My Trip to El Salvador
My heart has been for missions since 1997. I felt God calling me to it. So I went to Bible College to study missions. Yes, I bet some of you didn’t know that about me. I basically was studying to be a minister. (Life happens and I haven’t finished yet. But, that is for another time)
So fast forward it is 2004. I am 20 years old. I am a sponsor for youth group and we find out that we are going on a missions trip to El Salvador. I am super…stoked! (I don’t usually use that word now..but then..yes!) So the next few months consisted of fundraising and writing letters to friends and family for donations. I didn’t think I would ever get enough money. But the Lord provided. He apparently wanted me to go. Our group drove from Springfield, Mo. to Oklahoma City, Ok. Then we flew from there to Houston then to El Salvador.
The airport was so small. No air condition. I felt like a refugee. We grabbed our things and the airport personnel began to looked at my passport as if I was some drug dealer. They went through our stuff asked a few questions. It was nothing I had ever experienced. I “checked out” to be okay, so I proceeded through. We met up with our hosts and they piled us on a bus. As we headed through town, I noticed how crazy the traffic was! I never witnessed crazy driving like this before. I thought we were going to die before we even started our mission. The driver didn’t use his signal to turn and he cut off people several times. One interesting thing though, one of the students noticed a beat up mini van with chrome hubcaps. That seemed a little out of place to us. (We were all guilty of making fun of that. I am sure we all repented later. lol)
Another thing that I found interesting was the police in the city. They would stand outside the station with these big assault rifles. That…was scary. Being from the bible belt and living in the mecca city of bible colleges, we never witnessed things like this before.(I know in other countries it is far more worse. But for us newbies this was intimidating). I truly realized I was not in America anymore. See this country has been through all kinds of turmoil(You will have to google info on that yourself. Trying to keep this short. haha) But, it was supposedly the safest country to go to on our first missions trip.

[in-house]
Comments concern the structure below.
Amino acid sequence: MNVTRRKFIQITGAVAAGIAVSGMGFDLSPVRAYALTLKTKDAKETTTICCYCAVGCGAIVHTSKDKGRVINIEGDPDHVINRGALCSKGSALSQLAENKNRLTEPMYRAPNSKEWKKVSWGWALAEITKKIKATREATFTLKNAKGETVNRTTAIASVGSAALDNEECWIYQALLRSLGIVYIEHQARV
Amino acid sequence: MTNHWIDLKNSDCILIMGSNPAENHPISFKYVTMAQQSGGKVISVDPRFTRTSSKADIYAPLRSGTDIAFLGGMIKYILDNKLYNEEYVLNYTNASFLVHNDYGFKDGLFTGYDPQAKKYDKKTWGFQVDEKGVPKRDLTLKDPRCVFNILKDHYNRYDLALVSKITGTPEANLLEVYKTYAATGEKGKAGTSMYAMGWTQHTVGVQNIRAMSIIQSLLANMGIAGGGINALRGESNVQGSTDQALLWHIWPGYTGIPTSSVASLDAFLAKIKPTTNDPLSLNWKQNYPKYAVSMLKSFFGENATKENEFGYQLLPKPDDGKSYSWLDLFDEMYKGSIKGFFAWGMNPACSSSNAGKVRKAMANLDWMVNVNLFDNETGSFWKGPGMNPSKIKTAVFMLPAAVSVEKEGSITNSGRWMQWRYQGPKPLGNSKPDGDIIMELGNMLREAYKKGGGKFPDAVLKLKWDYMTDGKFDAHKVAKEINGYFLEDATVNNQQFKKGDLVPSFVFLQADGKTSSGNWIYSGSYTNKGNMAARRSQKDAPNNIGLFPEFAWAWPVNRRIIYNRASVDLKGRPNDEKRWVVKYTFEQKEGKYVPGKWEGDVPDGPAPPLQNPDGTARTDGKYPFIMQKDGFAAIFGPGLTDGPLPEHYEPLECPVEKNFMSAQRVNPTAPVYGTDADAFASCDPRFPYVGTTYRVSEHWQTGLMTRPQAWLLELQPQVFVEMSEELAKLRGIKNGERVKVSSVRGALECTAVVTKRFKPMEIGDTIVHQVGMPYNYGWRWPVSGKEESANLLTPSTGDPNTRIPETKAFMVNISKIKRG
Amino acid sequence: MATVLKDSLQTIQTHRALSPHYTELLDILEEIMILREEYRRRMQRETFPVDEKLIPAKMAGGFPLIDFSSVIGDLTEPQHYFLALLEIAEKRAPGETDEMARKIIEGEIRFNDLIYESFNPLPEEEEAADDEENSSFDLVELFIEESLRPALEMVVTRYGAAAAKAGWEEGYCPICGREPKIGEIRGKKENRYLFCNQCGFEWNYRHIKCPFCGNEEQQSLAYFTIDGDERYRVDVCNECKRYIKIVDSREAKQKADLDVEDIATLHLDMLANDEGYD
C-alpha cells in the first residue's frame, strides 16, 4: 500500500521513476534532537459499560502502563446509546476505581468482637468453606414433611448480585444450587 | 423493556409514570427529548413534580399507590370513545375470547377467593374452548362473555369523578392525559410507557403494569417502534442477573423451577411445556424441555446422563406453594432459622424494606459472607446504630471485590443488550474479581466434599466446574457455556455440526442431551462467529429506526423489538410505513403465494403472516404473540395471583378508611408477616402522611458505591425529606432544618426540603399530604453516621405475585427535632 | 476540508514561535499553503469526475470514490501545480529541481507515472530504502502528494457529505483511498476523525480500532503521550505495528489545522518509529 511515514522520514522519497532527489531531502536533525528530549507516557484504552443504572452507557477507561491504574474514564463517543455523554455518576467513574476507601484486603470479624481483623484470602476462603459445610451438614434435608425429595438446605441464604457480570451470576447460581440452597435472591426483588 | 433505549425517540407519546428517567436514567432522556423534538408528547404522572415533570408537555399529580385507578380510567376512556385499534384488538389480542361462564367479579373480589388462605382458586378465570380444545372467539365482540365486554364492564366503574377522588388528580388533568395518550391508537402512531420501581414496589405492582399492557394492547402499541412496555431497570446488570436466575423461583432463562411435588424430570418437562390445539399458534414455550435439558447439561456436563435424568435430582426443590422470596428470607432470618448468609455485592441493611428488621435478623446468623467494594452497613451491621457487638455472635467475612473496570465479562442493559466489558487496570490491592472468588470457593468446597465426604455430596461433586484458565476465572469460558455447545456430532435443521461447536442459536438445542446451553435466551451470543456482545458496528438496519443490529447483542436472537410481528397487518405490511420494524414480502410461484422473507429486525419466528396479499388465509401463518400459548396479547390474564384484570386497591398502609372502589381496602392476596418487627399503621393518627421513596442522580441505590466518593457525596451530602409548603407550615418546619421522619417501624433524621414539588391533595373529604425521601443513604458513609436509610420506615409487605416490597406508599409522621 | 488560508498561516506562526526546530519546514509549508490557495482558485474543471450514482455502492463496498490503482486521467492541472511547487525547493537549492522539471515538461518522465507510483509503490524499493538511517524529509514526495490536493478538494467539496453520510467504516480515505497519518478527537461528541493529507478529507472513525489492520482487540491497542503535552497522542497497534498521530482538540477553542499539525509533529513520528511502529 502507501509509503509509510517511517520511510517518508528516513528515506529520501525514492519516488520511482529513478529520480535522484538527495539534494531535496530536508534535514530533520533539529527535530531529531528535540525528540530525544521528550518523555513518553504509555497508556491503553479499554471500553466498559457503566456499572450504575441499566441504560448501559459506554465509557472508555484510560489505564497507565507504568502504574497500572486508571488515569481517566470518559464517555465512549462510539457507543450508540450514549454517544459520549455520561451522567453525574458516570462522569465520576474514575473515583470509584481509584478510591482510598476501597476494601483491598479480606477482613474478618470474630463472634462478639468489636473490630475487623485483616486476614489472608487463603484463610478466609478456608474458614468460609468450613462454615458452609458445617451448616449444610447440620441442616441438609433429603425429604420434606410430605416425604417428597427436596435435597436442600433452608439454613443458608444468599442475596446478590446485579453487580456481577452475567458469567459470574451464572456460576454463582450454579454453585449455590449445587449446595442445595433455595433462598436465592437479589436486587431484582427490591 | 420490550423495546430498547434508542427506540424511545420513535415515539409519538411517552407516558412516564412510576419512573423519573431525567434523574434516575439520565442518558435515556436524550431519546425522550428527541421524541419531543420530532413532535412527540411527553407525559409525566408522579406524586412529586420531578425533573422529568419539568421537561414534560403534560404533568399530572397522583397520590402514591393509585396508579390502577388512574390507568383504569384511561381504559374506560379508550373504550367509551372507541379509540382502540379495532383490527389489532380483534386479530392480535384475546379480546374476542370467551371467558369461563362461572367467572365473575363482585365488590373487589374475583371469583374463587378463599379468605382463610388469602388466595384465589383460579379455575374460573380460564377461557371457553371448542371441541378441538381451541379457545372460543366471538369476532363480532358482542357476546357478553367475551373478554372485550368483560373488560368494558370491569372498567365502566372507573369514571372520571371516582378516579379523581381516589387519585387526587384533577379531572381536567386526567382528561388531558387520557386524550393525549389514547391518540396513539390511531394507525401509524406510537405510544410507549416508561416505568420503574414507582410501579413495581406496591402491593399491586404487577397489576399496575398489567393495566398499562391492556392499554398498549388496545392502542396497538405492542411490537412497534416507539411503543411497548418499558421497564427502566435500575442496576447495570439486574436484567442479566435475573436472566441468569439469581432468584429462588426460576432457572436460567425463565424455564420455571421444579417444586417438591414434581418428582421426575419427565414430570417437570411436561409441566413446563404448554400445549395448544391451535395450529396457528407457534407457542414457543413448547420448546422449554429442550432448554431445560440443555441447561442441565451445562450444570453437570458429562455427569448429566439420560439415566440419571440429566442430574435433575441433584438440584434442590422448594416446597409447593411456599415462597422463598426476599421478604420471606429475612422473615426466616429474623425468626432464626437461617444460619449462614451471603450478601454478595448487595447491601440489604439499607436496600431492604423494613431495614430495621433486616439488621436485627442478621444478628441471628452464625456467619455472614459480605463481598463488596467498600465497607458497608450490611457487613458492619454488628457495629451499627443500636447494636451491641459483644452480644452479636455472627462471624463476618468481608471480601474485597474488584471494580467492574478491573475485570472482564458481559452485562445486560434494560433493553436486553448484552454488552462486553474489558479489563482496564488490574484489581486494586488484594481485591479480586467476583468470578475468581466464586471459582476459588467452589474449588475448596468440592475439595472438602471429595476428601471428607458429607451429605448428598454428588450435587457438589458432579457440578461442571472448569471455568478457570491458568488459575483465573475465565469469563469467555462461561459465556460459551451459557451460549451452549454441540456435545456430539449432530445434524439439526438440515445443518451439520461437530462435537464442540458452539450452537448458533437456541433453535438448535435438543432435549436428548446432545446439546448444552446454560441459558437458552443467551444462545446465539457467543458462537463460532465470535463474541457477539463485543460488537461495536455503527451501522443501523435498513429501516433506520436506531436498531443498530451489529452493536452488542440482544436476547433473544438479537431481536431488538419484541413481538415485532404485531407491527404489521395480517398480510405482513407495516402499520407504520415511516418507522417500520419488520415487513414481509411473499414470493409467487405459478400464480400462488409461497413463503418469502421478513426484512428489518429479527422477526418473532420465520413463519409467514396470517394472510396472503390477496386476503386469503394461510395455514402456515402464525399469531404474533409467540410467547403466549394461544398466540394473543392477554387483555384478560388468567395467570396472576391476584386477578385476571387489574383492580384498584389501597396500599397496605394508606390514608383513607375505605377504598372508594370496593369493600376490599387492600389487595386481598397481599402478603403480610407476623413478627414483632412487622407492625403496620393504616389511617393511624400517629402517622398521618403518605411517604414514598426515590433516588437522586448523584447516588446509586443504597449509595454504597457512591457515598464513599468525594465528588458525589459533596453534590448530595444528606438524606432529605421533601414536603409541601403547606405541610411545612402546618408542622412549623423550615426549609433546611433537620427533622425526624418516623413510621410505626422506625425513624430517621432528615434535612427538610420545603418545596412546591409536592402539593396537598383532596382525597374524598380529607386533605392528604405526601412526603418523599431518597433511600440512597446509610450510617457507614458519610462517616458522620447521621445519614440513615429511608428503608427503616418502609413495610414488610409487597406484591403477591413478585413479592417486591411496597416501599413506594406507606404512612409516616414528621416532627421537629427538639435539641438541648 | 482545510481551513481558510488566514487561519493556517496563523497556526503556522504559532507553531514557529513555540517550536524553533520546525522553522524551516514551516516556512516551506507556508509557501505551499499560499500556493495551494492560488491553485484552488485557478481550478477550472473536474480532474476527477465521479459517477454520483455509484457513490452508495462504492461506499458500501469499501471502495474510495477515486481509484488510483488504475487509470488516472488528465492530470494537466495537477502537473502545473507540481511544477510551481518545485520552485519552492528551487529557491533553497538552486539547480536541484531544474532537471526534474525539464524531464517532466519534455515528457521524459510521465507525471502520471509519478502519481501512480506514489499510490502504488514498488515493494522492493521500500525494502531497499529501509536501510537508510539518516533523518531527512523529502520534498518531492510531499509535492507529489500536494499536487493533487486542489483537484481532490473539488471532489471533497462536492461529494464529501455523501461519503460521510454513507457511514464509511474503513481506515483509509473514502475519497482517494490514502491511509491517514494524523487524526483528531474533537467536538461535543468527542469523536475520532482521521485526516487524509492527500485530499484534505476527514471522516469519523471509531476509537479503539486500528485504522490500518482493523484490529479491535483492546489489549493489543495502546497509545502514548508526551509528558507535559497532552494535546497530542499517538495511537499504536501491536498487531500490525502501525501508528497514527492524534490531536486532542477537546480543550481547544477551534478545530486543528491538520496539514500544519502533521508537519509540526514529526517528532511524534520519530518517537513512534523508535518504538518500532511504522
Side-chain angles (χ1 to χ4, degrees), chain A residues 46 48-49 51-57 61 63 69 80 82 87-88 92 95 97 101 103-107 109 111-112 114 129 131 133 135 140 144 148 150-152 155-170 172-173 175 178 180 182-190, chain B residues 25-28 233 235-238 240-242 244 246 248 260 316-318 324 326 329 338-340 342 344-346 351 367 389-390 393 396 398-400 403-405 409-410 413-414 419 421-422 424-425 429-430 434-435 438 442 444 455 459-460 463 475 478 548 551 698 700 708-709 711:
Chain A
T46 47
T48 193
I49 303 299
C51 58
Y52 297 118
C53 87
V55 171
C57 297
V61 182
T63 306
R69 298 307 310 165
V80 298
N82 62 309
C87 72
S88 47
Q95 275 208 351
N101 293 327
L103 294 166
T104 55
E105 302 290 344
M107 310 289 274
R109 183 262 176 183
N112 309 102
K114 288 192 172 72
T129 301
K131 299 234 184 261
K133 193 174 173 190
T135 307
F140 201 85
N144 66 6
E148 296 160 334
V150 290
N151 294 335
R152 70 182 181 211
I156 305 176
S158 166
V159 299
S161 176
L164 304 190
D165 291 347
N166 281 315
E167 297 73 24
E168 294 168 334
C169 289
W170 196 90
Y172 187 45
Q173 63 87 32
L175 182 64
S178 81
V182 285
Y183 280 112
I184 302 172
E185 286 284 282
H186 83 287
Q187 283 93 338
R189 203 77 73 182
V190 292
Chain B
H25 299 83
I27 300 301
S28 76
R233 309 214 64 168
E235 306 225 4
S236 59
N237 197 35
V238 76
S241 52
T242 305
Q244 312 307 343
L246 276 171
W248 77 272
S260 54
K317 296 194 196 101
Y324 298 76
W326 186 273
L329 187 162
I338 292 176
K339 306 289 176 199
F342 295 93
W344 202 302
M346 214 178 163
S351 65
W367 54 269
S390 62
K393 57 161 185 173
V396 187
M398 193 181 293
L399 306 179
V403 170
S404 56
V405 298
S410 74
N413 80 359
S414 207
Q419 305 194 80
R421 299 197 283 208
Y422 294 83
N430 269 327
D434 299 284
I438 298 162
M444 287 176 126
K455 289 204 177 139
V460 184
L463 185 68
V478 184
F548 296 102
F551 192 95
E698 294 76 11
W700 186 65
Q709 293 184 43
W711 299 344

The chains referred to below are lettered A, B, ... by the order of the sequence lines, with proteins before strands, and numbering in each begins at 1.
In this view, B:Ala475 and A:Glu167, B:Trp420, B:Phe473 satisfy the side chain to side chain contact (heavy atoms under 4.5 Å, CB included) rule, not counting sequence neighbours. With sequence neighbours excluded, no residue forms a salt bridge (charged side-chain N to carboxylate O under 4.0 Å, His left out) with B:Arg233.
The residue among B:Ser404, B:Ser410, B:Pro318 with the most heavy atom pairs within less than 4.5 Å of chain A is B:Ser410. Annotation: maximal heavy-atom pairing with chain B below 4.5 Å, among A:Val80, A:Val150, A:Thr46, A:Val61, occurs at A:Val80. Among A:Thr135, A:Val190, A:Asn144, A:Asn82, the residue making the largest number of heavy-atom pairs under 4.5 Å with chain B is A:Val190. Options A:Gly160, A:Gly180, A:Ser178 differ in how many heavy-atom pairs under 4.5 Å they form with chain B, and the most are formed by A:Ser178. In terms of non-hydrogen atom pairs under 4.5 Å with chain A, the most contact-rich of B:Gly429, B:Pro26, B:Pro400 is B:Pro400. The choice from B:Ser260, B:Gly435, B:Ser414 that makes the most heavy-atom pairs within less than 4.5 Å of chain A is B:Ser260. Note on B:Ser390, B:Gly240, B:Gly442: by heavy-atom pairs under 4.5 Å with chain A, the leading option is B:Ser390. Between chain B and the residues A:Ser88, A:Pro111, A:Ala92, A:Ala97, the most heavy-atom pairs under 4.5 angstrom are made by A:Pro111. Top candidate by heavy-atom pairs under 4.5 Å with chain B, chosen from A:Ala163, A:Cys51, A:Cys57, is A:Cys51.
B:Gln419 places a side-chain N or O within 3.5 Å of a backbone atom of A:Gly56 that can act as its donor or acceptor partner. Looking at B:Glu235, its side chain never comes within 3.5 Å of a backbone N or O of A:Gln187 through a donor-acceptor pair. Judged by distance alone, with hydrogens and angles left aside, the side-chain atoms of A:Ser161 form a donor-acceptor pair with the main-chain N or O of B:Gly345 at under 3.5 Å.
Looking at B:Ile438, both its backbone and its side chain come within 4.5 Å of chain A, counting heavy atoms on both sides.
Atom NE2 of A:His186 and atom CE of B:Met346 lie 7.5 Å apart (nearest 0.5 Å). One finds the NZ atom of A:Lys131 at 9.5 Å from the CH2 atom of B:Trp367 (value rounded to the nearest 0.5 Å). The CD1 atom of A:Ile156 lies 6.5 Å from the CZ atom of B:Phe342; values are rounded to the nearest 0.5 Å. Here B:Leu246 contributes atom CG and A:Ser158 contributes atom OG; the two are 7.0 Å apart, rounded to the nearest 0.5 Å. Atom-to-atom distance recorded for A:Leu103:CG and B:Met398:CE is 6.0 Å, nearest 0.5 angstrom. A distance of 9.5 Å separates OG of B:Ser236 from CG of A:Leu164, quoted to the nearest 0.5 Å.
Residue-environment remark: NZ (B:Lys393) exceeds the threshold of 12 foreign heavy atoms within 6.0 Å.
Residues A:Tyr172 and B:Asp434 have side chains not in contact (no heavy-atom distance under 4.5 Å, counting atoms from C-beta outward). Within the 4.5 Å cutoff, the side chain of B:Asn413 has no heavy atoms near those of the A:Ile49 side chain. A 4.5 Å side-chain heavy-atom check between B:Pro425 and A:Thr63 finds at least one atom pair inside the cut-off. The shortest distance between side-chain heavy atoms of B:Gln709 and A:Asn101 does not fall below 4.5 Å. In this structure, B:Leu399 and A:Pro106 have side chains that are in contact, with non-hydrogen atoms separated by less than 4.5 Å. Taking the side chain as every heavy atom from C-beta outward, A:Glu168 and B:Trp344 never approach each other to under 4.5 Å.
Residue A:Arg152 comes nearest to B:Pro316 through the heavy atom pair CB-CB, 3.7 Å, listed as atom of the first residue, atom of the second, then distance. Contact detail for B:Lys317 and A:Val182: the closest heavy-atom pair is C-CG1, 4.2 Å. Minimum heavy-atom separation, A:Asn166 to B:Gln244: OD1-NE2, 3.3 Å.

The landscape was breath taking. Hills everywhere. Jungles filled with beautiful wildlife and fauna. Later, in the week we went walking through the jungle witnessing and we were pointed out coffee plants growing everywhere. As we entered into our destination, we noticed a lake. But it was not just a lake..no..in fact..it was an inactive volcano! (which we later went swimming in) There were kids running up and down the streets, people walking barefoot, trucks with produce. The houses came in all shapes and sizes. They were not at all like what we see here in America. Nicely built. Some you could tell had to have been owned by drug lords. In fact, we were warned about some. Some of the houses had walls around with broken glass on top to keep people out. (big drug problems etc there)
Then we arrived. Below is some pictures of where we were staying for the next week.
We stayed here for the next week. It was the rainy season so it was very hot, humid, and like clock work the rain came in around 6 pm every night. It wasn’t a gentle spring rain. It was a torrential rain. You could sit on the hill and hear it come in through the trees and see it like a curtain come across the lake. It was beautiful. Towards the end of the week we went to the Pacific Ocean. Where one of our youths got baptized in the ocean. This was very cool to witness. The sand was black. This is due to all the volcanic activity on the pacific side. Also, El Salvador has fire ants of some sort. If you stepped one toe into the grass you were in a hurt of trouble. In other words, it was bad news. I mean bad news! I experienced that a few times trying to run across the campus for meal time.